There will always be two sides to a story. And it would seem this dichotomy becomes more pronounced when it comes to the tale that COVID-19 is weaving through our very world today. We really can’t put our finger on it, at least not with absolute certainty. It really depends on which side you want to hear.
While Christmas approaches, people seem jubilant that news of a vaccine available in America is plastered in just about every news channel on TV. Initially, the WHO (World Health Organization) reported there were over 50 vaccine candidates.
But as the world is poised to heal, England finds itself roped. It reports a more aggressive strain of the virus ravaging its citizens. As a consequence, its neighbors (e.g., Ireland, Germany) have decided to close its airports and doors to British movement for the moment. Putting in jeopardy long-scheduled tons of food about to be moved to France.
The Benefits of a Vaccine
There’s no telling how much suffering humanity has endured at the hands of the coronavirus. It’s simply a horror that’s unspeakable to a large degree. With COVID-19 deaths closing in on the 2-million mark worldwide, it’s nothing the world ever faced before.
Indeed, to say Americans are happy a vaccine is here is an understatement.
Getting the vaccine can spell the difference in such a life-and-death scenario. It means greater protection. CDC in its website detail that such a vaccine would keep you from getting seriously sick even when you are infected with the virus.
And that can also mean greater protection for people around you. To note, many of those who have perished are people who have been battling degenerative diseases. For one, certain medical conditions can increase the risk of a severe illness should the virus take hod. Among these are:
– Type-2 diabetes
– Sickle cell disease
– Severe obesity
– Heart conditions
– Chronic kidney
Thus, a vaccine can be a big boost for people you know who could be suffering from these conditions. Sadly, many of these health complications are present in our aging seniors.
Why It Takes such a Long Time to Find One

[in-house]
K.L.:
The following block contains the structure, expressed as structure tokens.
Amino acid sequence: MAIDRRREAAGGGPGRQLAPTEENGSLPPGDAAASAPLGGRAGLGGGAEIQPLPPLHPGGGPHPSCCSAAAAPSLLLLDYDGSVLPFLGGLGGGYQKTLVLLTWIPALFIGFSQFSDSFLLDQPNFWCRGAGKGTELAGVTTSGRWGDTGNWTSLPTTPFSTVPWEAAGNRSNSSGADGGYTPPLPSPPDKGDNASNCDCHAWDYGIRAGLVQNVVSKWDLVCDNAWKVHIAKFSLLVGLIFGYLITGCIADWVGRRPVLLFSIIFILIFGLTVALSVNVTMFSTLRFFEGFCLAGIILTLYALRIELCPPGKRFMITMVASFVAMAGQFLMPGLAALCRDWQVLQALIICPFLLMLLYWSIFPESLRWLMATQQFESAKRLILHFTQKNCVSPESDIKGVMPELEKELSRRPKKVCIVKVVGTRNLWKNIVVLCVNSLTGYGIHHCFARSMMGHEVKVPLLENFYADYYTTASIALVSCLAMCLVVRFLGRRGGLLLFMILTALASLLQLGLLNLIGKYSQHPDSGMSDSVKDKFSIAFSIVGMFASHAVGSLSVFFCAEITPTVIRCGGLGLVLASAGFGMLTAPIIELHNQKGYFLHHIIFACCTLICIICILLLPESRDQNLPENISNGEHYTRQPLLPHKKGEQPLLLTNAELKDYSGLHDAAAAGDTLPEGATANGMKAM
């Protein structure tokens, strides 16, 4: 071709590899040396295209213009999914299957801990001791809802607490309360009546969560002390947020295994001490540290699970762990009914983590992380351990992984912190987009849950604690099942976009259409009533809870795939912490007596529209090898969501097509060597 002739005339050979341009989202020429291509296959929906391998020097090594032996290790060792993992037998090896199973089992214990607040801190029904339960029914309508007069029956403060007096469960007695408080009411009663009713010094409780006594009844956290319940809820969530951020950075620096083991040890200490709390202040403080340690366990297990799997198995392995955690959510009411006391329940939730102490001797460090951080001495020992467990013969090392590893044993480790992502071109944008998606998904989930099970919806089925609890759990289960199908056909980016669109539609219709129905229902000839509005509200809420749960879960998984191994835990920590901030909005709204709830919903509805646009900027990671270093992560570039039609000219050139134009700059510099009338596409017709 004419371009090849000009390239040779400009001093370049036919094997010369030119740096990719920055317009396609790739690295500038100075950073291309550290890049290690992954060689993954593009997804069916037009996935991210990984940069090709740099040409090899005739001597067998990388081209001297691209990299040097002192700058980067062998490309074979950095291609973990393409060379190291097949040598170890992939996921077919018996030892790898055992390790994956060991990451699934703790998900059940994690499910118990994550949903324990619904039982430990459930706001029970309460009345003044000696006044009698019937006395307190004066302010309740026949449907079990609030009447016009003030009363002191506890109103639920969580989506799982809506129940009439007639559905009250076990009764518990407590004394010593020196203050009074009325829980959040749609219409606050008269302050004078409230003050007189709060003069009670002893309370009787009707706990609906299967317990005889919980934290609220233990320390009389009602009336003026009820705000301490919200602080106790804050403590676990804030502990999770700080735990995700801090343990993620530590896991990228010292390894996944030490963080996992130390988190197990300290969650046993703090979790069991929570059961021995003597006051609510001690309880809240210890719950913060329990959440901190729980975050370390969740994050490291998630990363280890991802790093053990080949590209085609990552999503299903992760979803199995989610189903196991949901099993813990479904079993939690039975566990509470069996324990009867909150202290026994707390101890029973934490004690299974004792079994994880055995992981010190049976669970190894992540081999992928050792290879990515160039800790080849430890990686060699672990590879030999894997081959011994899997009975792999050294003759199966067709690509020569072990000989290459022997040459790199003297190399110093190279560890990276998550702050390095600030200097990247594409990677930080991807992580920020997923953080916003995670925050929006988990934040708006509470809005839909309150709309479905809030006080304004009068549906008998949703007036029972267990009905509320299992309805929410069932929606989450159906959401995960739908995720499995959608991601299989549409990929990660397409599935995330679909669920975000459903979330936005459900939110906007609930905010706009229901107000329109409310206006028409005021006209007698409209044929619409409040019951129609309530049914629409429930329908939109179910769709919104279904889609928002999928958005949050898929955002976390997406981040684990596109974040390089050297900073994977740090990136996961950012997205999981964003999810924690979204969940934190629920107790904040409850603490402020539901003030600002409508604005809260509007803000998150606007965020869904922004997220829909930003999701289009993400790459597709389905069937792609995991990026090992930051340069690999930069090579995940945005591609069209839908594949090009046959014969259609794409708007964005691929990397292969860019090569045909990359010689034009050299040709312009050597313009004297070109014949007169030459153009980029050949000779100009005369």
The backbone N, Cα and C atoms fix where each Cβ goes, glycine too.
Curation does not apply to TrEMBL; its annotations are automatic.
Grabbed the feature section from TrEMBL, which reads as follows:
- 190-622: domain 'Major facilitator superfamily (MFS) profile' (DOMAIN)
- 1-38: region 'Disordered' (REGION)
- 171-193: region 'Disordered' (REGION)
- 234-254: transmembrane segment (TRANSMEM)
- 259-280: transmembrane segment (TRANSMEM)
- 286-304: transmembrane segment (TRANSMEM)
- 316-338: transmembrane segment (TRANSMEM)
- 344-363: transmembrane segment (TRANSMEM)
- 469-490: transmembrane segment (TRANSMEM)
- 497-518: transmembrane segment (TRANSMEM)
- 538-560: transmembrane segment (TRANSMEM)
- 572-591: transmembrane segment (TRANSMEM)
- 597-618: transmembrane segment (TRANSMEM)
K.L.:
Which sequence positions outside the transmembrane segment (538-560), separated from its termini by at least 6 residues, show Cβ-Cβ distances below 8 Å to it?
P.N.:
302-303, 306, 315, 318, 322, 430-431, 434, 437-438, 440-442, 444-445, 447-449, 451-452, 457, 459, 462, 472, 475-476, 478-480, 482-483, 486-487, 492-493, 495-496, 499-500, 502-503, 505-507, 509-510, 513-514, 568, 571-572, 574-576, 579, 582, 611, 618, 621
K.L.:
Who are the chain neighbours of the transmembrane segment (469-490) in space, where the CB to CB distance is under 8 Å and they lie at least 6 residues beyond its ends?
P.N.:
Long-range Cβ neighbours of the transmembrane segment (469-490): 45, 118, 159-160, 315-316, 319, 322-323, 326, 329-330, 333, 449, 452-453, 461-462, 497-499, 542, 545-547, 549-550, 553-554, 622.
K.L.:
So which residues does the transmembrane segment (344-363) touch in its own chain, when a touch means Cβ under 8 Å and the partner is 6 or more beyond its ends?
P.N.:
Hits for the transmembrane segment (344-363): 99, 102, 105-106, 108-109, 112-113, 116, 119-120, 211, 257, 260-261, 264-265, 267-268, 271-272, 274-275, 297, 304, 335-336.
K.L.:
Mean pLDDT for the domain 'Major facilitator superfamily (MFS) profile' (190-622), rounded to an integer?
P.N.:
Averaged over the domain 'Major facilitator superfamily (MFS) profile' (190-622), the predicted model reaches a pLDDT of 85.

Many would say it’s been long overdue. But getting a vaccine isn’t as easy as popping a pill and drinking it. It’s a long and winding road.
In fact, experts believe that although we may have a COVID-19 vaccine as expected, it’s highly-likely not a fully-functional one. It’s what we call an emergency-use vaccine.
The process itself has a lot of stages. Simply put, it involves presenting the body with antigens or a weakened version of the virus to make the immune system capable of fighting the more potent version of the virus.
By posing an antigen, the body may then recognize or identify the unwanted invader. Once it’s capable of doing this, our immune system can then form an antibody to combat and overcome the invader. In short, it’s a trial and error scenario. And one that can actually take a lot of time.
Certainly, it has gone a long way since Louis Pasteur developed vaccines for anthrax in 1881. In 1885, the world-renowned scientist discovered a vaccine for rabies.
But there’s a lot of due diligence that needs to be done. For one, thanks to the thorough screening of COVID-19 natural compounds, therapeutic drug testing services can assess if a particular drug is an effective vaccine. It’s an arduous process. But it’s all worth it.
Even when the process is effective and the vaccine can actually overcome the virus, it’s still far from being distributed. Why? Because you have to make sure it’s safe for people to use. And that can take time too. Plus, with billions of people on the planet who want to protect themselves from the virus, you’d have to mass-produce a viable vaccine.
Certainly, it’s a long and winding road. The important thing is we’re moving forward and getting there.